Overscripted?

When an actor learns her lines, she concentrates on how best to deliver the playwright's words. The best actors deliver seamless performances in which there is a harmony between what they say, what they do, and the emotion they convey to the audience. "Authentic" might be a term to describe such a successful performance. "Stilted" might describe its opposite.

One thing that an accomplished actor will never, ever do is blurt out to the audience the stage directions that often appear between the lines of the script. You know, like the famous stage direction in Shakespeare's play, "The Winter's Tale": "Exit, pursued by a bear." The stage direction is a physical cue to the actor and the director; it is not a message intended for the audience.

But occasionally, actors - including public officials - flub their lines, get lost in their message, and mistake the cue for the content. One of the most amusing mistakes along these lines occurred during the 1992 presidential campaign. President George H.W. Bush was delivering a speech in January 1992 in Exeter, New Hampshire. The economy was still experiencing a mild recession, and the President was seen as insufficiently aware of the pain felt by many Americans.

Remember that this was the same George H.W. Bush who was earlier ridiculed by then Texas Governor Ann Richards, who said about Vice President Bush at the 1988 Democratic Convention: "Poor George, he can't help it. He was born with a silver foot in his mouth." Unfortunately, that quip was revived when President Bush spoke in Exeter. While trying to project a more engaged persona, he actually made the mistake of confusing what amounted to a stage direction on his cue card with a substantive talking point. He blurted out to the New Hampshire audience and the press corps, "Message: I care."

The damage was obvious. If someone has to script you to say that you care, then the message conveyed is the precise opposite: you don't. President Bush was subsequently criticized by his opponent, Arkansas Governor Bill Clinton, for seeming out of touch and indifferent to the concerns of average Americans. Bush really wasn't indifferent, but his "Message: I care" flub set the stage for subsequent mistakes that only reinforced the criticism: he was late to visit Los Angeles after the Rodney King riots; projected indifference during the October 15, 1992, Richmond, Virginia, debate where he looked longingly at his wristwatch ("won't this ever end?"); and professed ignorance about how a supermarket checkout scanner worked.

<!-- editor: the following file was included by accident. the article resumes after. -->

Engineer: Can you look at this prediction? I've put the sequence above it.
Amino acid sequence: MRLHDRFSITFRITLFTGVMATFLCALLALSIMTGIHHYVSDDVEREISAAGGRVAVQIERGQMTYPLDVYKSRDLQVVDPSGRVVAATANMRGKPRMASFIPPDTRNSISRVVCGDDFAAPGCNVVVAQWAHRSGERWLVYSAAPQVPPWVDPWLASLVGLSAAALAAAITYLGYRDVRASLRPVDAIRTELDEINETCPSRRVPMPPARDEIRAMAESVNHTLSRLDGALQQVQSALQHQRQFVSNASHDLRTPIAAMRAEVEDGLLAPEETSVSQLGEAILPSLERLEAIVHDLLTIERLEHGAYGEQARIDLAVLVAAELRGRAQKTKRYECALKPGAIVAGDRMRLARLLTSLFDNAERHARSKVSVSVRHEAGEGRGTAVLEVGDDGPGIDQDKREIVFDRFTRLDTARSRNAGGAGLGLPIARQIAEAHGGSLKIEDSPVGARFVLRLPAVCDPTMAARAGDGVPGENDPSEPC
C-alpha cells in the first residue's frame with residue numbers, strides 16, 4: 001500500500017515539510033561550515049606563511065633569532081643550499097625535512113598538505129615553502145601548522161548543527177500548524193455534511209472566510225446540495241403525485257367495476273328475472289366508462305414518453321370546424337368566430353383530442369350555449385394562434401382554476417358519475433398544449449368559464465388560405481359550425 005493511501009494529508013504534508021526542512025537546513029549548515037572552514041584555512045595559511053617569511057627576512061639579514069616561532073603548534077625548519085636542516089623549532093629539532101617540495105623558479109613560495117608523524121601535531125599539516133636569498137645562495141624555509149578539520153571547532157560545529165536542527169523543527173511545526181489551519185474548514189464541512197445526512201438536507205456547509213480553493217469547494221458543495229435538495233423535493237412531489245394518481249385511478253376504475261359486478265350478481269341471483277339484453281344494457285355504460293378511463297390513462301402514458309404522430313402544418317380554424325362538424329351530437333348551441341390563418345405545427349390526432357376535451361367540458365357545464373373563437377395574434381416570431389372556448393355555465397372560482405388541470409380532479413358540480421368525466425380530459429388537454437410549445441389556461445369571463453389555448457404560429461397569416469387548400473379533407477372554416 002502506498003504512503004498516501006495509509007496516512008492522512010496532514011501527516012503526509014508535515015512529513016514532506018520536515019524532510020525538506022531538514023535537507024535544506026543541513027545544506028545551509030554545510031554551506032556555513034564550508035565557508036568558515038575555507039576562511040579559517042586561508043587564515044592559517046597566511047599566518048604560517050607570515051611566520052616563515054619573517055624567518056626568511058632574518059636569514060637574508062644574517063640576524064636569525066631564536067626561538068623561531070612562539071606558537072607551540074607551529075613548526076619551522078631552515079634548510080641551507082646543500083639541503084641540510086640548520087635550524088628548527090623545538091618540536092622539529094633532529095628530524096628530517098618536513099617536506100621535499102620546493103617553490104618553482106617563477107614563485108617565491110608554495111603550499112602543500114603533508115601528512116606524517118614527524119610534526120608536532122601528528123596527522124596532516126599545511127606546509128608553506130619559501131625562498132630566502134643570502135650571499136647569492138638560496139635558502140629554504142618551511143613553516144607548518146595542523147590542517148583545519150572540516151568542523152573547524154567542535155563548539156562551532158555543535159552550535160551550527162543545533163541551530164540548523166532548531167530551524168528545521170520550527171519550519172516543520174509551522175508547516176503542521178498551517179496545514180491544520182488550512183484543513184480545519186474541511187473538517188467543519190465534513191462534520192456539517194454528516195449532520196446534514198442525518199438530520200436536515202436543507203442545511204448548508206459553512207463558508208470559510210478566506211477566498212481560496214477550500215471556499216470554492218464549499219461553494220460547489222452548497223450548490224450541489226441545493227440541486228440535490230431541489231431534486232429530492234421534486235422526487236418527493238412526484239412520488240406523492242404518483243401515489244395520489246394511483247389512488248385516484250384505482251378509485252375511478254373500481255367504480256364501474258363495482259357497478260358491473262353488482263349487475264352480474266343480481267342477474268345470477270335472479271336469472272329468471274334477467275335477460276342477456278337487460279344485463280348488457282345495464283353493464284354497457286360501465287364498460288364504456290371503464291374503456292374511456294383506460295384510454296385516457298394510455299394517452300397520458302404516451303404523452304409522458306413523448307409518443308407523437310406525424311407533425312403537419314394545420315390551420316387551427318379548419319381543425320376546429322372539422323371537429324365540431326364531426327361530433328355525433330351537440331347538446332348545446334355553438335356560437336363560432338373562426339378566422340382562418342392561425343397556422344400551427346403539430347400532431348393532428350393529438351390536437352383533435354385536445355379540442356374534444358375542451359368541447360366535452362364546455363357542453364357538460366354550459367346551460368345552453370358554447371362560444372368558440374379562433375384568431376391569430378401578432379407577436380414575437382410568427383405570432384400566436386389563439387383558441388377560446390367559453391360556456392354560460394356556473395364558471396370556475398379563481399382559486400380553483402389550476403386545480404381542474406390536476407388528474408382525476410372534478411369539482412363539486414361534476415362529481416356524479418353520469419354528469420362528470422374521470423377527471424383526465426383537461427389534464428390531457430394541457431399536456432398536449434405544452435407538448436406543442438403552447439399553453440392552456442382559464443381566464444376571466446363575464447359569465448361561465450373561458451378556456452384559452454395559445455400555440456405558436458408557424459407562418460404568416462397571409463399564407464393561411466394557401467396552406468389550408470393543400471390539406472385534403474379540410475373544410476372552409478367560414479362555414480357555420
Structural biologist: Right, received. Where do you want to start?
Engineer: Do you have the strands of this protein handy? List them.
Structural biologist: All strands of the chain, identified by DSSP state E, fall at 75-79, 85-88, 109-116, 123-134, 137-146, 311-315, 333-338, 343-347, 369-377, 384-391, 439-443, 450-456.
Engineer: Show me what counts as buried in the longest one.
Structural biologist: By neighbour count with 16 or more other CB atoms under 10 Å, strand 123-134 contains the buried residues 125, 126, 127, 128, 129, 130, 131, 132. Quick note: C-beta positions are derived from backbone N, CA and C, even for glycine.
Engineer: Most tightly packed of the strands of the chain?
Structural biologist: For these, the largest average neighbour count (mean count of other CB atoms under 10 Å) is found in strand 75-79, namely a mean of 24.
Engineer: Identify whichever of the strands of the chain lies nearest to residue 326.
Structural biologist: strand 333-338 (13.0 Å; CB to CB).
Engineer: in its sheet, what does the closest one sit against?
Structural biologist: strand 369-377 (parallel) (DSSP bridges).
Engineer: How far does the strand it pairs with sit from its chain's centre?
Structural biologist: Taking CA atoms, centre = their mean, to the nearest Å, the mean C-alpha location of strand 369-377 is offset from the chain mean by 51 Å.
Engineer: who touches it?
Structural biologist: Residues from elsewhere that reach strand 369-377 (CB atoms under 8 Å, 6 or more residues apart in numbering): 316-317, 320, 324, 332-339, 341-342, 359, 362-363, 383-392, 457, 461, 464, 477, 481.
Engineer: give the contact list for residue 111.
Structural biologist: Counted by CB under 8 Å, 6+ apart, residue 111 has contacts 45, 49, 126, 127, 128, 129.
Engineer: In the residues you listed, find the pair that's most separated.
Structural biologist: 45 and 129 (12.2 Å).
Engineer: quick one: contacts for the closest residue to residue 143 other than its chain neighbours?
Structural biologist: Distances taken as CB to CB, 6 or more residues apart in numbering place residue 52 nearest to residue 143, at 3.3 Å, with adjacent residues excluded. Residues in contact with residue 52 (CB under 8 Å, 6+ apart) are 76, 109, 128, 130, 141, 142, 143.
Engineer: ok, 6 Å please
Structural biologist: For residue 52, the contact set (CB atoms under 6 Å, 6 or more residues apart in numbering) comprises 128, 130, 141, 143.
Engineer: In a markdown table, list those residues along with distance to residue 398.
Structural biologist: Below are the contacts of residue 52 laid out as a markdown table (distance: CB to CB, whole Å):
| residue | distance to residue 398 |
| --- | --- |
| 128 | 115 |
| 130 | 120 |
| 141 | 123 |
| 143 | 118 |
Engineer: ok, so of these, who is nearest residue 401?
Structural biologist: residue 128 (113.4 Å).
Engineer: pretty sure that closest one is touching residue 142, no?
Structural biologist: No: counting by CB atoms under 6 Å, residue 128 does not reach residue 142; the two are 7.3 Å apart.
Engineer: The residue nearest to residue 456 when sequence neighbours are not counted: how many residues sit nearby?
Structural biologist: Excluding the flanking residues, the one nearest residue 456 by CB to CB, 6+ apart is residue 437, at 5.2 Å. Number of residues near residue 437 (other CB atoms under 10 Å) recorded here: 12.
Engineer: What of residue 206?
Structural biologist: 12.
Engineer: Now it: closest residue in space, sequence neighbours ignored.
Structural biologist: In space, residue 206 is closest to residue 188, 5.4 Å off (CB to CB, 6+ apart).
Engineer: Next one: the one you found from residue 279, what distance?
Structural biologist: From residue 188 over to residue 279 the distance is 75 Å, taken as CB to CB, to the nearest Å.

Now we come to former Secretary of State Hillary Clinton who faces similar challenges to those of the former Republican president. Her shifting, unpersuasive, and just plain inaccurate explanations for use of a private e-mail server - along with more than 20 years of Clinton-related foibles and partial truths - have generated negative press stories, reduced her poll standings in Democratic primary states, raised her unfavorable numbers, and caused a majority of Americans to consider her untrustworthy.

To counter this alarming trend, the Clinton campaign decided to cooperate with a September 7, 2015, "New York Times" story to the effect that the former Secretary of State will now project a different image. Amy Chozick wrote the story: "Hillary Clinton to Show More Humor and Heart, Aides Say." Chozick's article was based on "extensive interviews" with Clinton aides who said that "[t]hey want to show her humor. The self-effacing kind.... They want to show her heart."

It gets better. "Previous attempts to introduce Mrs. Clinton's softer side to voters have backfired amid criticism that the efforts seemed overly poll tested," writes Ms. Chozick. And then eight paragraphs later, we find this sentence: "Mrs. Clinton will still invoke the joy brought into her life by her granddaughter, Charlotte, but, given the child's obvious advantages and privilege, will speak more broadly about building a better future for all Americans' children and grandchildren."

Message: I'm joyfully poll-tested.

Interestingly, the first criticism came not from Republicans but rather from her fellow Democrats. Former Obama adviser David Alexrod criticized her "humor and heart" story with a tweet to the effect that she should "just do it" and not talk about it so self-consciously.

When the stage directions become the story, you know you have a problem. One of the reasons that Donald Trump and Bernie Sanders continue to attract large crowds, notwithstanding their outlier positions, is that they appear like genuine people who know who they are and what they think. You may not like the personality or the views they project, but at least you get the sense that they are not the products of scripted talking points. This factor also explains the growing enthusiasm many Democrats have for Vice President Joe Biden: he is who he is, gaffes and all.

At this stage in the 2016 presidential campaign, much of the country feels estranged from both political parties' establishments. They are unhappy with Washington's status quo. For that reason, they are giving buoyancy to new voices and new perspectives. This phenomenon is unlikely to go away, and for those candidates in both parties who believe that they can be "handled" or "scripted" by experts, pollsters, and communications professionals into winning the presidency, they are pursuing a flawed strategy. These candidates are likely to receive an unwanted but simple message from the American voters who want new approaches.

Message: you lose.

Charles Kolb served as Deputy Assistant to the President for Domestic Policy from 1990-1992 in the George H. W. Bush White House. He was president of the French-American Foundation - United States from 2012-2014 and president of the Committee for Economic Development from 1997-2012.